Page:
The most jarring aspect of this is that he is standing, looking, and then there is sun and heat and he is running, but the interconnecting phrase, which takes us from one motion to the next, is out of place. It comes too late. (He was outside and running, running.) Also, ‘There was another man’ lacks context, and so we cannot picture where this man is, or even when: Does it mean that there’s a man there now? Or there was a man back in the warehouse? Only when we get to ‘He spun his head to look back’ do we realise that the man is chasing him. Therefore, the information in this sample does not progress correctly.

Most of you are probably reading this, going: I would never do that. But it’s easier to muck up progression than you think. We can often picture the whole scene in our heads; everything that’s happening immediately and in the periphery. We often don’t realise we’ve gotten ahead of ourselves, left something out, or shifted the camera in a slightly illogical way.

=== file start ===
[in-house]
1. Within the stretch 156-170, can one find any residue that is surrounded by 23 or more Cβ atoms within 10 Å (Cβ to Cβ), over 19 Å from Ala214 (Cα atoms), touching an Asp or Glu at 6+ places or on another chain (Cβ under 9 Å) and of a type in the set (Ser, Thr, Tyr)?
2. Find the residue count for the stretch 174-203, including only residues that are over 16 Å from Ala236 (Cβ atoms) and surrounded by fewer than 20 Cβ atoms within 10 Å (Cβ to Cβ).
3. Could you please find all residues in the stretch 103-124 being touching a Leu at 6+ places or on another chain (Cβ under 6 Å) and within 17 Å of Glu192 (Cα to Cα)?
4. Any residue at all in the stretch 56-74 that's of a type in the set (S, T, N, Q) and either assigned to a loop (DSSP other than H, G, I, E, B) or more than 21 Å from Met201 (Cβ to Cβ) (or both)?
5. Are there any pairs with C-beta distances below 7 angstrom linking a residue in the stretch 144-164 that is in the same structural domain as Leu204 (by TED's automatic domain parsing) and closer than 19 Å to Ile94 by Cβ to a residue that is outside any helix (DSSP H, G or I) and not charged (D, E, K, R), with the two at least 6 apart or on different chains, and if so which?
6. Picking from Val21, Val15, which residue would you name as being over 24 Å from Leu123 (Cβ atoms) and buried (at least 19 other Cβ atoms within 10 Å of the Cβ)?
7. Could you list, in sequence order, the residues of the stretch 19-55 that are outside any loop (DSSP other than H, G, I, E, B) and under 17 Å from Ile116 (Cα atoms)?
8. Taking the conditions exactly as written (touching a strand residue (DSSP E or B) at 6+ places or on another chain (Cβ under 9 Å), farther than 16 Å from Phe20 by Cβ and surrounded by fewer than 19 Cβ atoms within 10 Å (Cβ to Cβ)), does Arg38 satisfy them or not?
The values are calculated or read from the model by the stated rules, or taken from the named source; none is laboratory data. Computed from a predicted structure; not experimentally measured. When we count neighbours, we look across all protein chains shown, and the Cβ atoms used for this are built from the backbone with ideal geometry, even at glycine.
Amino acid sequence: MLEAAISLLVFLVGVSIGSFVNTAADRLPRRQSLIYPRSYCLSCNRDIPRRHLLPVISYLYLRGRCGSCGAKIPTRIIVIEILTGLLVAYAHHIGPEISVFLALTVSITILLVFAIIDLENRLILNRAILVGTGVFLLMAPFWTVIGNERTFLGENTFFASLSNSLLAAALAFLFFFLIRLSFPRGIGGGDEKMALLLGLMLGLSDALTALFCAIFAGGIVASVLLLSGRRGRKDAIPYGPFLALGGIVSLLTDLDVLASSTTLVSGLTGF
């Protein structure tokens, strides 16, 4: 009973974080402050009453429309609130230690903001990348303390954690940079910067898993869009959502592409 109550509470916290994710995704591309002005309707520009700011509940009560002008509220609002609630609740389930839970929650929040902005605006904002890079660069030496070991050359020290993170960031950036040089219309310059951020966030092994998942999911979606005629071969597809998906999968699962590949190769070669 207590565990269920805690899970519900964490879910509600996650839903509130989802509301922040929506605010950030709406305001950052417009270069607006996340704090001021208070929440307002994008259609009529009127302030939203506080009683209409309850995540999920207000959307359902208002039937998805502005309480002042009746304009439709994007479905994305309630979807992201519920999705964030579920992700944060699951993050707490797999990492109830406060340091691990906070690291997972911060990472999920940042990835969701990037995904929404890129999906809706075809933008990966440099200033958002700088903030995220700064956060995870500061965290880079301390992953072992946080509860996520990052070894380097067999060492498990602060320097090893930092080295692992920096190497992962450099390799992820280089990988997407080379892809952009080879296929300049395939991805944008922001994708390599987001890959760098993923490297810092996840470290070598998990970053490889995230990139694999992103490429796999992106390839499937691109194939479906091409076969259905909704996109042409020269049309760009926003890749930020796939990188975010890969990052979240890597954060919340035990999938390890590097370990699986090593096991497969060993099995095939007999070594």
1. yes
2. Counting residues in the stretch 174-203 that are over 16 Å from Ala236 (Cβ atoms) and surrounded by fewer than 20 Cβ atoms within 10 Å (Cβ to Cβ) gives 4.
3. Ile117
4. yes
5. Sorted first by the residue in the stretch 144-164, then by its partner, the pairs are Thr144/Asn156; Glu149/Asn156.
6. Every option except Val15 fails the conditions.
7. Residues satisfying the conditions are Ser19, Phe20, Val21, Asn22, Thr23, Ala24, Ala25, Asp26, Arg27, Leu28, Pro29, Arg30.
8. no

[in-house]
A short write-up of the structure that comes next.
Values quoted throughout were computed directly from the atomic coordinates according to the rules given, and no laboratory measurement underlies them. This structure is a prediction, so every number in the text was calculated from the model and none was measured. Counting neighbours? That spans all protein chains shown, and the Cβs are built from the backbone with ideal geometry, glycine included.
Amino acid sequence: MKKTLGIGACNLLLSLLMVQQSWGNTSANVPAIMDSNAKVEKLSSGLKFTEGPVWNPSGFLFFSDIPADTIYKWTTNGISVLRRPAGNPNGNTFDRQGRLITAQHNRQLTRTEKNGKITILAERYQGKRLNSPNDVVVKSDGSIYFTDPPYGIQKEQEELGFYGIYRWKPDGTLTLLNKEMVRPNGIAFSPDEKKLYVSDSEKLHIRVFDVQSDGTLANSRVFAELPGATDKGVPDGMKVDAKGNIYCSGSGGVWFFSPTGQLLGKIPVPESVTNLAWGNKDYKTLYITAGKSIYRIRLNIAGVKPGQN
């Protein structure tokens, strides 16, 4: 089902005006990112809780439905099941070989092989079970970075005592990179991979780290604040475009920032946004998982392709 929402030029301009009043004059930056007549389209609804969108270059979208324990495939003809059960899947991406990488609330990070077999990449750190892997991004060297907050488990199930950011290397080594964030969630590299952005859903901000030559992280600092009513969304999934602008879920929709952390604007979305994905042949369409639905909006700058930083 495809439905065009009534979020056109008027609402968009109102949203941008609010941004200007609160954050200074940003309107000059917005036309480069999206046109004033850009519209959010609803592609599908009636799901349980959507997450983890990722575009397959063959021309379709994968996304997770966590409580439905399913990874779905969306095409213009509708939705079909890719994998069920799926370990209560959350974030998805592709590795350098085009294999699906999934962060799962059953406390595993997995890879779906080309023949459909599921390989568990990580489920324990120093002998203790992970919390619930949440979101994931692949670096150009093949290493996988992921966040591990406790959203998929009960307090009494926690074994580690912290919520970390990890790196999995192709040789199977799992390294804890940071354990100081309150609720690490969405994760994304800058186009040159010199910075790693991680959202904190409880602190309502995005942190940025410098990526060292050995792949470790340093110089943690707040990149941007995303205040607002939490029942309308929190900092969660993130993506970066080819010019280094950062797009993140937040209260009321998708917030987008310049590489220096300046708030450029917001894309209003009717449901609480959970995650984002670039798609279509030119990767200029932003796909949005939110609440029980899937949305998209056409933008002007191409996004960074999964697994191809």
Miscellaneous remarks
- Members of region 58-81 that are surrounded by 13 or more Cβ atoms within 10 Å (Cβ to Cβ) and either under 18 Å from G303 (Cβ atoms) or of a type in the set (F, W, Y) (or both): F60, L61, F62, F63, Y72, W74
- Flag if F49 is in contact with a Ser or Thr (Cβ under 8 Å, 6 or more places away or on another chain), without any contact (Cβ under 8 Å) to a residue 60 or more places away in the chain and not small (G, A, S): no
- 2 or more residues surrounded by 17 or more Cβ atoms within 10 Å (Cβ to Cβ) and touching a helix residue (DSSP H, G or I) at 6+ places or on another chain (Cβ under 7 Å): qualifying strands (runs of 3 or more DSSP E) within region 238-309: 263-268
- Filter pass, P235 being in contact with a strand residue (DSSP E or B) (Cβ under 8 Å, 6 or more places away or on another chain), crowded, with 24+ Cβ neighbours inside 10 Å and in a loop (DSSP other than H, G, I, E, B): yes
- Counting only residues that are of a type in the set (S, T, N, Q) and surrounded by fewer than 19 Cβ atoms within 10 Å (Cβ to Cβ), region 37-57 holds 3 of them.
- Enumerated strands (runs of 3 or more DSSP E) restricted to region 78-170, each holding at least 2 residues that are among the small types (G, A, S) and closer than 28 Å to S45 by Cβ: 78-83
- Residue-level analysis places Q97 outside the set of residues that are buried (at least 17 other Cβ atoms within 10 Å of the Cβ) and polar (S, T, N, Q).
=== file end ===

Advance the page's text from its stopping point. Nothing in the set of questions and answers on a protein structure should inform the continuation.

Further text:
The ideas of placement and progression are linked because one is about having enough detail for the reader to understand where they are and what’s happening and the other is about the order in which that information is given. Taking a break from your manuscript will help you to see these kinds of line issues better. And, of course, getting a fresh set of eyes on it is always useful – whether that’s a beta reader or an editor like me.

For examples of perfect placement and beautiful progression, check out the opening pages of the following novels:

The Well by Elizabeth Jolley

1984 by George Orwell

This is How by MJ Hyland

What am I reading?

I’m currently switching between Eugen Bacon’s poetic speculative novel Claiming T-Mo, Stephen Hawking’s A Brief History of Time (mind-blowingly wonderful) and the new issue of Overland. Attending ConZealand virtually this week means I’m also adding about a million more books to my to-read list.

Opportunities of the month

Here’s one for playwrights: The Yale Drama Series is seeking submissions for its 2021 playwriting competition. The winner is awarded $10,000, publication, and a staged reading. 

And here in Aus, Wakefield Press is publishing a YA short-story anthology, Hometown Haunts: #LoveOzYA Horror Tales. Contributors will receive a $500 payment.

If you’ve been enjoying this newsletter, please do share a link on social media.

Take care, stay safe, and get in touch if I can help with anything,
Angela